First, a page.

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Advocates Hammer City College Trustees’ Climate Hypocrisy on Frida Kahlo Way

City College talks a good game about supporting bike lanes and better transit, until it comes to losing a few parking spaces

Frida Kahlo Way at Ocean. Note the turn-around for the 8 and the 49 to the left. The main campus is to the right. The K Ingleside, the 43 and 29 and BART also serve the college. Image: Google Street View

Neighbors for Slow Hearst has written an open letter to the City College of San Francisco's board of trustees demanding that they reverse a resolution opposing a protected bike lane, bus-boarding islands, and other street upgrades on Frida Kahlo Way.

First, some background on the Frida Kahlo Way Quick-Build Project from SFMTA's project page:

The project will add a two-way protected bikeway on the east side of Frida Kahlo Way / south side of Judson Avenue, update pedestrian crossings, make changes to improve transit access and reliability, and modify curb management to improve access to schools in the area. The project supports implementing goals and priorities identified in the recently completed District 7 Ocean Avenue Mobility Action Plan, previous planning efforts in the area, and SFMTA’s Vision Zero Program. 

Frida Kahlo Way runs north-south through the campus. At its regular meeting on February 22, the college's Board of Trustees passed a resolution asking for a "postponement" of the bike lanes and transit upgrades.

Neighbors for Slow Hearst (just north of the college) wrote the following letter Thursday in response, which Streetsblog is publishing in full:

We are disappointed that the leadership of City College has decided to oppose a common sense safety improvement for people who walk and bike in our neighborhood. The Frida Kahlo Way Quick Build project would improve safety for all road users, and provide a critical safe connection for people biking to the campus and through our neighborhood.

A map of the street. Note the position of the Balboa Park BART station, lower right. Map from SFMTA

What’s more, the project aligns with City College’s own policies to shift trips to active transportation and out of cars, as well as their recently passed Green New Deal, a bold sustainability plan which promises to bring their greenhouse gas emissions to zero by 2035. To meet its climate goals, City College will need to invest heavily in shifting more commuter trips to non-car modes. When streets are safe, more people choose to bike and walk, and less parking is required to serve commuters.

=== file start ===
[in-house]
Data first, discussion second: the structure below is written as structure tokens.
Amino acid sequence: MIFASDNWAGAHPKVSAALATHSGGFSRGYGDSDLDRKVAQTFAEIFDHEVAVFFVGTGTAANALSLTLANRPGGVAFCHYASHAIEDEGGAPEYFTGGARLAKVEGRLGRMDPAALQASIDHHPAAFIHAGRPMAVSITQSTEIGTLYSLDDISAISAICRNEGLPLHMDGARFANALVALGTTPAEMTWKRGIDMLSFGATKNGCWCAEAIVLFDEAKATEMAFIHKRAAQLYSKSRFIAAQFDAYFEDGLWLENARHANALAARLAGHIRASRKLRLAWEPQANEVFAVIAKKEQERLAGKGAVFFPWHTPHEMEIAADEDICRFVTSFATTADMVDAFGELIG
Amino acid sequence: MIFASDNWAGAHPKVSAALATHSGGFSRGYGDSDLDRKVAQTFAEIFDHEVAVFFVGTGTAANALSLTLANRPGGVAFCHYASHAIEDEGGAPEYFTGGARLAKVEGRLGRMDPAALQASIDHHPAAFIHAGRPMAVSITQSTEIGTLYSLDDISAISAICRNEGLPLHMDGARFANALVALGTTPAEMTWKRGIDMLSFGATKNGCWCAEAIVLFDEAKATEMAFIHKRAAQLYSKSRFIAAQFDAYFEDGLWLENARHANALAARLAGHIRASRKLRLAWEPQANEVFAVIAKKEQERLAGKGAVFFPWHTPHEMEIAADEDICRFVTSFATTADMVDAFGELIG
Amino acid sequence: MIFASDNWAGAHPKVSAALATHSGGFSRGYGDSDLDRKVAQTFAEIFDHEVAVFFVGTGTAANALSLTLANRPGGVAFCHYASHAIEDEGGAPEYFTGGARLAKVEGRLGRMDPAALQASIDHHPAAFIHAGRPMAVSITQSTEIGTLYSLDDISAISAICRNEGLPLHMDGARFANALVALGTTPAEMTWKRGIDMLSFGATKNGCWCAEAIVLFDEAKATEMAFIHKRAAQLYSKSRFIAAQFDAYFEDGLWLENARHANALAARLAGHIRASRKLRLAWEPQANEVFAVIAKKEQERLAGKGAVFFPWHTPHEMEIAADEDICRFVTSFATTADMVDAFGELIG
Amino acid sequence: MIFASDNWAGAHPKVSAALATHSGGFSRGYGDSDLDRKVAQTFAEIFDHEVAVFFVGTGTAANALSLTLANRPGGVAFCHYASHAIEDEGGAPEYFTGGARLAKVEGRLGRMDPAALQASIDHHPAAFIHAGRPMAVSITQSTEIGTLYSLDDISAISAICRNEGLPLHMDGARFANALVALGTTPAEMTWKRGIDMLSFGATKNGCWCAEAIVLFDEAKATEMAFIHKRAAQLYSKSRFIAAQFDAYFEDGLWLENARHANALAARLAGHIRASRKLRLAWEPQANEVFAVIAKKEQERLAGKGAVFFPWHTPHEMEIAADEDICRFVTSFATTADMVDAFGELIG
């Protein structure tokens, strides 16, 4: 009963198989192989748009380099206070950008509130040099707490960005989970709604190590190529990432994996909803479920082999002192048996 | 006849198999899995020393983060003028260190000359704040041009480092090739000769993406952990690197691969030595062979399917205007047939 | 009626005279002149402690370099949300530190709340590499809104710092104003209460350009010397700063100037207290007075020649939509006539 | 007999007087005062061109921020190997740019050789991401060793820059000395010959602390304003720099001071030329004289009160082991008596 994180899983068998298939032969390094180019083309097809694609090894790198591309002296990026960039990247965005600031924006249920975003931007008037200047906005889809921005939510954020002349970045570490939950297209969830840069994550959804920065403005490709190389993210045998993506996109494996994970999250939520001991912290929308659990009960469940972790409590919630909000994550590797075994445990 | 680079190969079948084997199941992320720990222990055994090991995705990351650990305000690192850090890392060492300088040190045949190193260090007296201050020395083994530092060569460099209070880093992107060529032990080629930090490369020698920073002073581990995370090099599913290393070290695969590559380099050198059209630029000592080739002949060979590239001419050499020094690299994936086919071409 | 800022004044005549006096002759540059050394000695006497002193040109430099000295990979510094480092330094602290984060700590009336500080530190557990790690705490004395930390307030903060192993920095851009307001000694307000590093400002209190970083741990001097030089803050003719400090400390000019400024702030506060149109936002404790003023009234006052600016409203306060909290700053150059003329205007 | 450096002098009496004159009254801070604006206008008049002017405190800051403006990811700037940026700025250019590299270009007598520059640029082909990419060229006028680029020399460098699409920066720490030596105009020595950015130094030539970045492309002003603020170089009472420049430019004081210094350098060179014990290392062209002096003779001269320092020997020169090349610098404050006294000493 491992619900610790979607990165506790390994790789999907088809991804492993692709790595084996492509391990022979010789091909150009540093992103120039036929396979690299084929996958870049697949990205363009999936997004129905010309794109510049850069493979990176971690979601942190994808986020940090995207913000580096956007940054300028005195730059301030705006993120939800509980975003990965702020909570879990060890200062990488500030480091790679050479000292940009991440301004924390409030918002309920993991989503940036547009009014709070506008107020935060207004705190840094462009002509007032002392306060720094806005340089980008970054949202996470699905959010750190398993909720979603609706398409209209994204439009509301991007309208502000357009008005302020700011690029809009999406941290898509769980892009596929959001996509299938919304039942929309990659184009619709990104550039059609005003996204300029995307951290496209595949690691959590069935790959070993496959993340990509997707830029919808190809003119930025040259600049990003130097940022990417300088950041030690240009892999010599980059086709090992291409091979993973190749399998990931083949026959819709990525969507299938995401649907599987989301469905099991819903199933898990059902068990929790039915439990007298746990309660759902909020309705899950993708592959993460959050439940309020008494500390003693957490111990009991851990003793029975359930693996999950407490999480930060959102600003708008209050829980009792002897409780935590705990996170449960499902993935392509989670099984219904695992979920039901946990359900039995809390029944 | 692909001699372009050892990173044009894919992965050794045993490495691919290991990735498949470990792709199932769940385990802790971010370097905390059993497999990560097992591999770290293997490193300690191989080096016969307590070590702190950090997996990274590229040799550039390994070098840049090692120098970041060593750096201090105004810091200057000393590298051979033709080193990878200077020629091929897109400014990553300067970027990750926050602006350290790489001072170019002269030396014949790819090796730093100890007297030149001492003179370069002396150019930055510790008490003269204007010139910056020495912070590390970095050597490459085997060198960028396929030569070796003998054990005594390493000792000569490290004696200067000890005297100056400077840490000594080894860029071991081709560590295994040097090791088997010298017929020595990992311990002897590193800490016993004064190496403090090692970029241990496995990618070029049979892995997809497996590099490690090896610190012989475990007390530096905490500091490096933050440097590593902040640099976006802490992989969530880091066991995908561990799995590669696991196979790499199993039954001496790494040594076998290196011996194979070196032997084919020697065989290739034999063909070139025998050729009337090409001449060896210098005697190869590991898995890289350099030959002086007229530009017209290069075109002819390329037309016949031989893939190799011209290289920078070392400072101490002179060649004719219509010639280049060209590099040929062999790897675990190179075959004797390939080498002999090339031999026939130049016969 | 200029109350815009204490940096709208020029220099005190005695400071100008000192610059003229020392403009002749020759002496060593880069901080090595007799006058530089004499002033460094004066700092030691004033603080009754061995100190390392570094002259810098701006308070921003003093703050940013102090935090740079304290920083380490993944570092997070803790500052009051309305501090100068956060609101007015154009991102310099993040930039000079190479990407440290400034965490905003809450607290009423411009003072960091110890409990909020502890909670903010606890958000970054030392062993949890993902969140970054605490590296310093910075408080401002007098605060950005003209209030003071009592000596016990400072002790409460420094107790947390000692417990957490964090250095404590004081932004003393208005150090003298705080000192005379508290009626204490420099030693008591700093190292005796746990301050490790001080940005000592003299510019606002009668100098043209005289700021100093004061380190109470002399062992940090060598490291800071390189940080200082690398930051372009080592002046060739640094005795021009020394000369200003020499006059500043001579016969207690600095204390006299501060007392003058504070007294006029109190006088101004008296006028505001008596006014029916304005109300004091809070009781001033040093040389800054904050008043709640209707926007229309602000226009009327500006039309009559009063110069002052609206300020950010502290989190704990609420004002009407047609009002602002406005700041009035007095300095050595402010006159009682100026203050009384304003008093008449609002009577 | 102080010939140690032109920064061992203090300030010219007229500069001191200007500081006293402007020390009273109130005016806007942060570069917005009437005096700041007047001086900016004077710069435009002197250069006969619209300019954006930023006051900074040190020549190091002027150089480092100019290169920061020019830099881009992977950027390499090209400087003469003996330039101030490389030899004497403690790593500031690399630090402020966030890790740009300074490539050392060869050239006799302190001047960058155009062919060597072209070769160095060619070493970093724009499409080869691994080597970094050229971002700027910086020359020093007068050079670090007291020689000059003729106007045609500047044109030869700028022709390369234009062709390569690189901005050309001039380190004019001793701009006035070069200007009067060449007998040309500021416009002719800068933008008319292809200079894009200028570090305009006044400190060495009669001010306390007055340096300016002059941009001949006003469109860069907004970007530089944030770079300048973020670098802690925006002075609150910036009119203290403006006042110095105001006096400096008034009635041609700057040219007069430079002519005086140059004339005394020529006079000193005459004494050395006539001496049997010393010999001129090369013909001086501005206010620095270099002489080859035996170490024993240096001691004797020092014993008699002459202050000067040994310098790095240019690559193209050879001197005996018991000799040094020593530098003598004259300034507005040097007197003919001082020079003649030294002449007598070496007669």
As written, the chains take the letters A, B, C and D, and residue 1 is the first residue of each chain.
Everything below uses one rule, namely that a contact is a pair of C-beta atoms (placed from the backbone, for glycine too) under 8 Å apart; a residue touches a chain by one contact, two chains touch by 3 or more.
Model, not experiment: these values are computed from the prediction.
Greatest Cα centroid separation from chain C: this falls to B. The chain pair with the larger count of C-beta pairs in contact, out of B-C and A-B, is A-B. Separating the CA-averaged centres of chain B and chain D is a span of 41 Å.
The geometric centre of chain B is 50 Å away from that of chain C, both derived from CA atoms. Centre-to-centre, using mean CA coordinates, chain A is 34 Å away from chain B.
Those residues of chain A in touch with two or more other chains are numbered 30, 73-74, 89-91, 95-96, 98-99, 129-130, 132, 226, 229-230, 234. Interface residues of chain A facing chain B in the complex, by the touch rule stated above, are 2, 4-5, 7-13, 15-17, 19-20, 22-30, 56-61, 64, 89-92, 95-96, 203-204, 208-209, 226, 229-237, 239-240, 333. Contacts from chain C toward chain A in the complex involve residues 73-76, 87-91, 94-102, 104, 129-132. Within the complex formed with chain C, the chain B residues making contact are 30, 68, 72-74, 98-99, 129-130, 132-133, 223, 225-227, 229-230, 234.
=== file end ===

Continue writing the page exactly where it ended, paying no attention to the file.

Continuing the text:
The Frida Kahlo quick build project has been hearing public feedback since July 2023, and many adjustments have been made to add parking back to the route and accommodate City College’s concerns. In total, the current project replaces approximately 30 parking spaces with safety improvements like bus stops and a protected bike lane, out of the just over 3,000 available to the City College community. This is less than 1% of the total parking available for City College.

City College’s opposition to this project undermines the safety and well-being of our community. We urge them to work together with neighbors to find a compromise that preserves the protected bike lane and safety improvements the project will bring to our neighborhood. We call upon city officials to heed the voices of the community and quickly move forward with the implementation of the Frida Kahlo Quick Build. Together we can build a safer, greener, and more accessible future for all residents of our vibrant neighborhood.

At the college board meeting, board member Susan Solomon said the resolution to postpone the project was written, in part, because SFMTA is obliged to first improve transit before it takes away parking spaces. Public speakers also complained that the "working class" has to drive to the campus.

The college is a six-minute walk from the Balboa Park BART, Muni M Ocean View and Muni J Church train station (see map below). It is also served directly by the Muni K Ingleside and multiple bus lines. It is, without argument, one of the most transit-accessible campuses in North America. The idea that it can't sacrifice 30 parking spaces out of 3,000 to install a bike lane and some bus-boarding islands reaches a jaw-dropping level of car brain.

A look at all the transit that serves City College

In Streetsblog's view, SFMTA and the city should take the college board's resolution and file it in the nearest receptacle. The design is already too watered down to preserve parking—instead, SFMTA should take another lane and have one-way cycle tracks on both sides of Frida Kahlo.

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